NEW YORK (AP) -- A coalition of consumer groups sued three drug companies Wednesday, asserting a relationship among the firms artificially inflated the cost of a generic form of the breast cancer treatment drug tamoxifen.
The lawsuit filed in U.S. District Court against Zeneca Inc., AstraZeneca PLC and Barr Laboratories Inc. stems from Barr's successful patent challenge of Nolvadex, the brand name of tamoxifen now sold by a merged AstraZeneca.
A federal judge ruled in 1992 that Barr could sell tamoxifen under a generic label, but the ruling was appealed. In 1993, the two companies settled and Astra agreed to pay Barr $21 million and sell tamoxifen for resale as a generic drug.
Wednesday's lawsuit by five consumer groups, led by Boston-based Prescription Access Litigation Project, claims that settlement put into place an arrangement that ensured high prices for tamoxifen.
In a typical scenario a generic drug is anywhere from 35 percent to 80 percent cheaper than the branded version. Tamoxifen is about 5 percent cheaper than Nolvadex.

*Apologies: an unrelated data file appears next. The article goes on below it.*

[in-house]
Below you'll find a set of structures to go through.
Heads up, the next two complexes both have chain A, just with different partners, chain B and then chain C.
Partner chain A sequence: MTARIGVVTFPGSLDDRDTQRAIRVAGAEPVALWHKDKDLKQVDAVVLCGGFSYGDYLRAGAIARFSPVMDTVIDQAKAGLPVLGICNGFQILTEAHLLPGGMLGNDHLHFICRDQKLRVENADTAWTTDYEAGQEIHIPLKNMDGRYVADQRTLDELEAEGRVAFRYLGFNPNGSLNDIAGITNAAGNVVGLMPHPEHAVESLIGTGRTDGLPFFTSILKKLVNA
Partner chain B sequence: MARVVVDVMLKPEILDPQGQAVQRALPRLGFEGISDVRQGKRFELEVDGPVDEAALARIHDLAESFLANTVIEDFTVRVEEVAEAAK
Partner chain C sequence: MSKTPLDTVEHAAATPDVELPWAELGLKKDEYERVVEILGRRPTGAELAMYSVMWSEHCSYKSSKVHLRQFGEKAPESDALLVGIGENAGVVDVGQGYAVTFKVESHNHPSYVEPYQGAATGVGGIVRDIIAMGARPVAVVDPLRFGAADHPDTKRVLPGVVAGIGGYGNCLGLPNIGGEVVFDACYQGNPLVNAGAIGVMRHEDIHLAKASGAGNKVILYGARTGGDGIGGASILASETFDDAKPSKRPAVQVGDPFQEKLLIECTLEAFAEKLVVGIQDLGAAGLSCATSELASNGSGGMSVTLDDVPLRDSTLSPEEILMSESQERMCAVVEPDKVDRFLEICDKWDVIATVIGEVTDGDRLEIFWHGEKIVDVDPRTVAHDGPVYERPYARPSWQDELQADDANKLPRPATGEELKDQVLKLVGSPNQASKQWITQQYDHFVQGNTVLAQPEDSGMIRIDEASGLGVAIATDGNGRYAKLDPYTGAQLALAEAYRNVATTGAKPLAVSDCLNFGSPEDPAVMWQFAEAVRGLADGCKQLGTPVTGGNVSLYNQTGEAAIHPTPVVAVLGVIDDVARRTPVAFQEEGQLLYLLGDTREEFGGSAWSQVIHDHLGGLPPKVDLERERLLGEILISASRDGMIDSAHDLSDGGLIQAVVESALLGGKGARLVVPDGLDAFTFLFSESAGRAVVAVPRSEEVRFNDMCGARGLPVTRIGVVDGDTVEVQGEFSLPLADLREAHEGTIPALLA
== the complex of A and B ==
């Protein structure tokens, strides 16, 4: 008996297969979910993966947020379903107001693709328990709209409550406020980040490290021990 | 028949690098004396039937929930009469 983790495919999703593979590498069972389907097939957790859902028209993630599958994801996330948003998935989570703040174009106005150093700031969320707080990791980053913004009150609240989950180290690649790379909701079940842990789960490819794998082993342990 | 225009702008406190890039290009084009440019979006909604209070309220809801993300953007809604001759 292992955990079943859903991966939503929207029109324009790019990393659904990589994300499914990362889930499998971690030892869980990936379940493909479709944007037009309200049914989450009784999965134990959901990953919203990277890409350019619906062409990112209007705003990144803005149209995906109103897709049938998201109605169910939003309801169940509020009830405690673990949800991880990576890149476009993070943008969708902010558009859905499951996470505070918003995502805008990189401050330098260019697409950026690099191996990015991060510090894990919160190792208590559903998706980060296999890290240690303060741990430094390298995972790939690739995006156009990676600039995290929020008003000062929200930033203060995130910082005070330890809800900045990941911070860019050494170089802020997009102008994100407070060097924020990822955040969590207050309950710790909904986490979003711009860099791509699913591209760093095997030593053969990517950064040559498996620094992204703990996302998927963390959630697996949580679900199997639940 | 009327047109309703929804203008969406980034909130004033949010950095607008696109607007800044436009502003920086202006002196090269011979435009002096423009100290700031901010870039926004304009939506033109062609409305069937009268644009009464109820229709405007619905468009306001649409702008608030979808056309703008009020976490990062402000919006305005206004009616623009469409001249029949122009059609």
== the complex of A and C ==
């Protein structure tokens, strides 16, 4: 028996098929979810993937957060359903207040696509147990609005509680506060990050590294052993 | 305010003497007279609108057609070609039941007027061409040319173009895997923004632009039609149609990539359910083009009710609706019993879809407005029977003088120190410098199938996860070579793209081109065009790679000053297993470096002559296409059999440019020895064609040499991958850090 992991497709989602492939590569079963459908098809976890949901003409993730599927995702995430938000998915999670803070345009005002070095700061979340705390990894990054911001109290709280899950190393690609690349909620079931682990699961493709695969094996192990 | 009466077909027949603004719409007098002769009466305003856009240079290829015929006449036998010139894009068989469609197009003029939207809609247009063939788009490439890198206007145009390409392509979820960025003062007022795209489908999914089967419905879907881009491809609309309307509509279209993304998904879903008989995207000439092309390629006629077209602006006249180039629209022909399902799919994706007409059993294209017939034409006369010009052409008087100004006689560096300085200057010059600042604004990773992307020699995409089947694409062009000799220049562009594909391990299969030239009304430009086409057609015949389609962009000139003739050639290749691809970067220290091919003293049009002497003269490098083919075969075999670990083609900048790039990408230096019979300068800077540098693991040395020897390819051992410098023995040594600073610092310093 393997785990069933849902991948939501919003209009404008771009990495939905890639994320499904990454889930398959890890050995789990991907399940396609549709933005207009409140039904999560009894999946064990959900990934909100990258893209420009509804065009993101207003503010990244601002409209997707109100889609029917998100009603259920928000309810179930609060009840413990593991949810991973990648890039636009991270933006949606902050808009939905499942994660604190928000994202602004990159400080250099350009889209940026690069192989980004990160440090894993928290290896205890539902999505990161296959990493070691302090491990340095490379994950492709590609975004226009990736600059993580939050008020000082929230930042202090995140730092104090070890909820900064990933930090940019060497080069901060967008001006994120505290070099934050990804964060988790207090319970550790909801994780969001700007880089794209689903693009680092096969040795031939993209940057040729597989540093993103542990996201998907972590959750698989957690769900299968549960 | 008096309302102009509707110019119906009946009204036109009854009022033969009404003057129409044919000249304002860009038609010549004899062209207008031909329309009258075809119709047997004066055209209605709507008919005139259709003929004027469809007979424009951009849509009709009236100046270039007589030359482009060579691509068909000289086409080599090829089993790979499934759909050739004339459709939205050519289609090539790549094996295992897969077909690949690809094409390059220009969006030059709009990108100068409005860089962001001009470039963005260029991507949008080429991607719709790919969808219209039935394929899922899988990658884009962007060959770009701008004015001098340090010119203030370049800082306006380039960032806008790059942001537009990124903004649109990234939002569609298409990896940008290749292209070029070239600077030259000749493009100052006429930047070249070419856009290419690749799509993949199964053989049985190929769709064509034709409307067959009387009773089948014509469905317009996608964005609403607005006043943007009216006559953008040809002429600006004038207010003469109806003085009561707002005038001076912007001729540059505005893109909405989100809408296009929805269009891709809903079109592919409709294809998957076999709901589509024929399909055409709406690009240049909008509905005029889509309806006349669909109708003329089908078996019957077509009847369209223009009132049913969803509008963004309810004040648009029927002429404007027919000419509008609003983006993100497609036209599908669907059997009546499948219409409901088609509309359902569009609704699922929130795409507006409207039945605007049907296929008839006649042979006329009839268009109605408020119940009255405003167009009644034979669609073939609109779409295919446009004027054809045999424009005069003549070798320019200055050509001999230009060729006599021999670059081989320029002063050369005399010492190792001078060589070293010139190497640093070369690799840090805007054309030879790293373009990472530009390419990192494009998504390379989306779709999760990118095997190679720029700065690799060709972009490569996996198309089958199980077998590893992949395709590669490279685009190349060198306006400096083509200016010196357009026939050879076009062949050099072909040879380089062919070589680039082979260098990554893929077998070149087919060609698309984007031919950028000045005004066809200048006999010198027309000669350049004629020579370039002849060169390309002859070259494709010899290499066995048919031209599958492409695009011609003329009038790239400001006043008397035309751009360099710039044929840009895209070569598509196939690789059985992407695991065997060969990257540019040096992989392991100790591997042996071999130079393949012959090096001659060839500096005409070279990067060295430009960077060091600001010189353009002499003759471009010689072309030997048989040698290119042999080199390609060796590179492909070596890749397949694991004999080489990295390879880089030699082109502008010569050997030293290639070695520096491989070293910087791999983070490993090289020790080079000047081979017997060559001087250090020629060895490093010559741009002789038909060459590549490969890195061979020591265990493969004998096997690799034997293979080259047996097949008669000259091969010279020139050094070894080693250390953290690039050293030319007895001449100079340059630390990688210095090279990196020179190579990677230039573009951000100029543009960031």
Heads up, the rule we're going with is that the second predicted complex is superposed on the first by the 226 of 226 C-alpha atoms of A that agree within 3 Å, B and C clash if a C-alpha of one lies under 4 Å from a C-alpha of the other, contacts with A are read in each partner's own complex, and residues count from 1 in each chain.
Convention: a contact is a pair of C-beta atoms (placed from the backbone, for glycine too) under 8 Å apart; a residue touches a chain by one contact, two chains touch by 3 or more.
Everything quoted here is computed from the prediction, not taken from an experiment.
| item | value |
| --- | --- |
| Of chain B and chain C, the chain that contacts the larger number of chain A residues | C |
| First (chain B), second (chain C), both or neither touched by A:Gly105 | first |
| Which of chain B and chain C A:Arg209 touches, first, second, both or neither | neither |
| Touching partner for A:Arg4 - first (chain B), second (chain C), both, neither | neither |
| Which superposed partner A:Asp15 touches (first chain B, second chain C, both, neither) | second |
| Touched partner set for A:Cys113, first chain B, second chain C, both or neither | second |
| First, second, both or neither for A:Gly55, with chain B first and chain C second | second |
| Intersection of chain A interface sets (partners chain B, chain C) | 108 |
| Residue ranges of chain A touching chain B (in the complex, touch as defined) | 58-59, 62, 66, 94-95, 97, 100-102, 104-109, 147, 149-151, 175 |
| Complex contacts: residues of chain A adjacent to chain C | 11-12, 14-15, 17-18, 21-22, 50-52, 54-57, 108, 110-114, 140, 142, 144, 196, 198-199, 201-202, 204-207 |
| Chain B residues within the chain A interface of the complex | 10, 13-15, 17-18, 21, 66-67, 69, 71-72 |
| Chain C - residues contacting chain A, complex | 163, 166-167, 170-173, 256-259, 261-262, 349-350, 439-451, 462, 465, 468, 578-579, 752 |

The Justice Department is investigating the arrangement.
"When commercial interests band together consumer interest gets lost," said attorney Stephan Rosenfeld, who is working on the Prescription Access Litigation Project. "The tamoxifen situation is an injustice for consumers."
AstraZeneca spokeswoman Mary Lynn Carter said the agreement didn't violate any antitrust laws.
Barr chairman and chief executive Bruce Downey said Barr buys the drug from AstraZeneca at a set price, so it can't sell tamoxifen cheaper.
"We brought a lower cost version of a drug on the market 10 years before patent expiration," Downey said.
Tamoxifen accounted for $297 million of sales at the Pomona, N.Y.-based company in fiscal 2000, making it Barr's biggest selling drug. Nolvadex is AstraZeneca's sixth biggest selling drug, bringing in $576 million in sales last year.
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